Our professionally trained doctors at Cedars-Sinai Marina del Rey Hospital are always searching for new surgical techniques to make sure that everyday life after a procedure is exactly as before it.
Due to bladder cancer, trauma, or other diseases, a patient’s bladder could be removed. If patients do not wish to use the conventional method of external bags, they may opt for neobladder surgery.
The bladder is the organ connected to the kidneys in which urine is collected. It is a very important organ that, unfortunately, can sometimes get so severely damaged that it needs to be removed. If this happens, people usually use an external bag to hold their urine. Besides not being aesthetically pleasing, the patient will lose his continence, which means he won’t be able to hold in his urine.
Neobladder surgery is a procedure in which a part of the intestine will be transformed into a bladder, to help the patient regain his former life.
The patient is put under general anesthesia. After this, the doctor makes an incision on the abdomen. A part of the intestine or the colon will be separated. The intestines will be connected back together to continue functioning normally. The severed part will then be reshaped to form a new bladder. It will be connected to the ureters and the urethra so it will resemble the replaced organ. After positioning it correctly, the surgeon ends the procedure and stitches the incision site.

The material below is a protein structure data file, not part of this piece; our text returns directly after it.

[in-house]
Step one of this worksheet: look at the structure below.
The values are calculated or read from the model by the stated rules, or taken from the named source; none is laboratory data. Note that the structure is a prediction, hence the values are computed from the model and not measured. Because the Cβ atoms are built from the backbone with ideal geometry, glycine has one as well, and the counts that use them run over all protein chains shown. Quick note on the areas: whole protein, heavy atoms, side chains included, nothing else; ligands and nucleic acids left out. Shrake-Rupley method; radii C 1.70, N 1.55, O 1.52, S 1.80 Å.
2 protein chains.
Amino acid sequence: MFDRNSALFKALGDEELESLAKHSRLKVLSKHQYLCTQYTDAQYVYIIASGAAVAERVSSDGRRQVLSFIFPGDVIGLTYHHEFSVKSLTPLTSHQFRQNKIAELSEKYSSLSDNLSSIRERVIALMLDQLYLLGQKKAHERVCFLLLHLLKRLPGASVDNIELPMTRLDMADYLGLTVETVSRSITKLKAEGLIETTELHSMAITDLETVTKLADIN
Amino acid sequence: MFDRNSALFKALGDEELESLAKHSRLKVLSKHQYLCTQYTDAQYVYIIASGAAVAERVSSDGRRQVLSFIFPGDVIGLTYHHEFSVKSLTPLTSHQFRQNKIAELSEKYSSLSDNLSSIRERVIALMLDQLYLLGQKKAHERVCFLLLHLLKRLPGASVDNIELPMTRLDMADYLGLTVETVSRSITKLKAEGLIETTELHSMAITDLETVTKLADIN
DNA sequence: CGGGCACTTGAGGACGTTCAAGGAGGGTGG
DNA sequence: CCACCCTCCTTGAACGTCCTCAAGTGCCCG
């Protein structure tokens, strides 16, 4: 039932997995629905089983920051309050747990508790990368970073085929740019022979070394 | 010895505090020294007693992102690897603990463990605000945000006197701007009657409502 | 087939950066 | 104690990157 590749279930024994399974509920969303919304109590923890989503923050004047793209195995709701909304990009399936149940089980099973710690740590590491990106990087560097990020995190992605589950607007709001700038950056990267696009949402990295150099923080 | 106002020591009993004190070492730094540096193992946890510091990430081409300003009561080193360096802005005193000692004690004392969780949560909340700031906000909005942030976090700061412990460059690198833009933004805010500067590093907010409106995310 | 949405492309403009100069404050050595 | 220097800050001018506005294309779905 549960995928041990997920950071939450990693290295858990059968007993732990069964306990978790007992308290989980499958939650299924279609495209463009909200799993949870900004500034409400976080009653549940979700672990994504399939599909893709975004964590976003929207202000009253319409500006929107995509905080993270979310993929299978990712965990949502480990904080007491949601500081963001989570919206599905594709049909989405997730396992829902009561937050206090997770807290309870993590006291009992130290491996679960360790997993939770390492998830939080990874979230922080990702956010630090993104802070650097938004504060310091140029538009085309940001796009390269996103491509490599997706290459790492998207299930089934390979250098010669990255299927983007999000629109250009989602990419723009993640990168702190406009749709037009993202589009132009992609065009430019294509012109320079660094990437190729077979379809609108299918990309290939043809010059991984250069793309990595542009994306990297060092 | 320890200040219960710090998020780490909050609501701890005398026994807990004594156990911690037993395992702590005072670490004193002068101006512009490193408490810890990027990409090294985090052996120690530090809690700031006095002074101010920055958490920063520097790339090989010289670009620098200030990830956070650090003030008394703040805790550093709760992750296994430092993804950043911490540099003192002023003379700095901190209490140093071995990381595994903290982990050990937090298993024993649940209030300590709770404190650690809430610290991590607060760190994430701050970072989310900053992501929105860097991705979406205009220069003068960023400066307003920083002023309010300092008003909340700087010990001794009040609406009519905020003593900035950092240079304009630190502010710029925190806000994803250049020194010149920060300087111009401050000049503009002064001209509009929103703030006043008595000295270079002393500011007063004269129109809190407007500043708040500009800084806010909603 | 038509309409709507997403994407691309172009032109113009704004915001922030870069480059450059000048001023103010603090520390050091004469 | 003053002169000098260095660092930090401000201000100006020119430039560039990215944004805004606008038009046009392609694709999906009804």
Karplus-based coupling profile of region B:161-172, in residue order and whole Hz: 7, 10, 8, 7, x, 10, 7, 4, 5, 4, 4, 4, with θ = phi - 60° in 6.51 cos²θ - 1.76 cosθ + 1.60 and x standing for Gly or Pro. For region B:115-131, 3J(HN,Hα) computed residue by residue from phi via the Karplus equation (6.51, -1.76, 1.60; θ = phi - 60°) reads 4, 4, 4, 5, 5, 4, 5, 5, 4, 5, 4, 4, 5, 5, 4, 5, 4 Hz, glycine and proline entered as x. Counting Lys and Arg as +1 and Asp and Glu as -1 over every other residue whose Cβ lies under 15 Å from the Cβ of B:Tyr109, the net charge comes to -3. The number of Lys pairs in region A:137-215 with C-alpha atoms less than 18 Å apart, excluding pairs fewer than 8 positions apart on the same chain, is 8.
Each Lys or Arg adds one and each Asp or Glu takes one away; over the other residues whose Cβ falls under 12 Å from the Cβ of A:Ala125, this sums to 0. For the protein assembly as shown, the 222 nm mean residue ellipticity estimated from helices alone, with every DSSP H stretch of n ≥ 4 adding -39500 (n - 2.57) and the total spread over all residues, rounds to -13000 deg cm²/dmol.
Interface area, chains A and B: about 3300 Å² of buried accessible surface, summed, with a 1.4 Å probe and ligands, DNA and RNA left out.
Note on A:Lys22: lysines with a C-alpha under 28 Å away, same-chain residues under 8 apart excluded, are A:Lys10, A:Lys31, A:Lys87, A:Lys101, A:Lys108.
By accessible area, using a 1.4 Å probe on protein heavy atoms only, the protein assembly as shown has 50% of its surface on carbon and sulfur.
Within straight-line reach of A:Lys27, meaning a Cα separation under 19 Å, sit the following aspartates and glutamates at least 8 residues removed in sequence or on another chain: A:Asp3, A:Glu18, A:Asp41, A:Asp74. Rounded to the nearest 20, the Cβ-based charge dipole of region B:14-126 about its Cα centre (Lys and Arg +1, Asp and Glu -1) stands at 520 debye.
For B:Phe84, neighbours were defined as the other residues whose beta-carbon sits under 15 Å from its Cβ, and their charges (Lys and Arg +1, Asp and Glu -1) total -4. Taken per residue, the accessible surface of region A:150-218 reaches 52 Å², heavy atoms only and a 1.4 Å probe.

These are the benefits of this procedure:
- Day-to-day comfort will be significantly higher
- The patient’s state of mind will be more positive
- The patient will have greater mobility in his everyday activities
- The patient will not have to use any external devices to control his urine
This is a very complicated procedure and its recovery period is a difficult one. After the surgery, the patient will have to stay for a relatively long time in the hospital, between 2-3 weeks, for his condition to be monitored closely. The patient will have to use a catheter in his new bladder for about 10 days after the procedure. Because the new organ and the muscles surrounding it have to strengthen over time, it may take months, even more than a year, to regain full continence. After fully healing, the patient will hardly notice any difference between his new bladder and the old one.
As this is a complicated procedure, there are quite a few risks. First of all, the patient can get an infection and even suffer from both external and internal bleeding. Blood clots can be formed around the area of the surgery. Because pieces of the intestine or colon were used, the patient may be at an increased risk of bowel cancer. Urine leaks and incontinence are common complications of this surgery.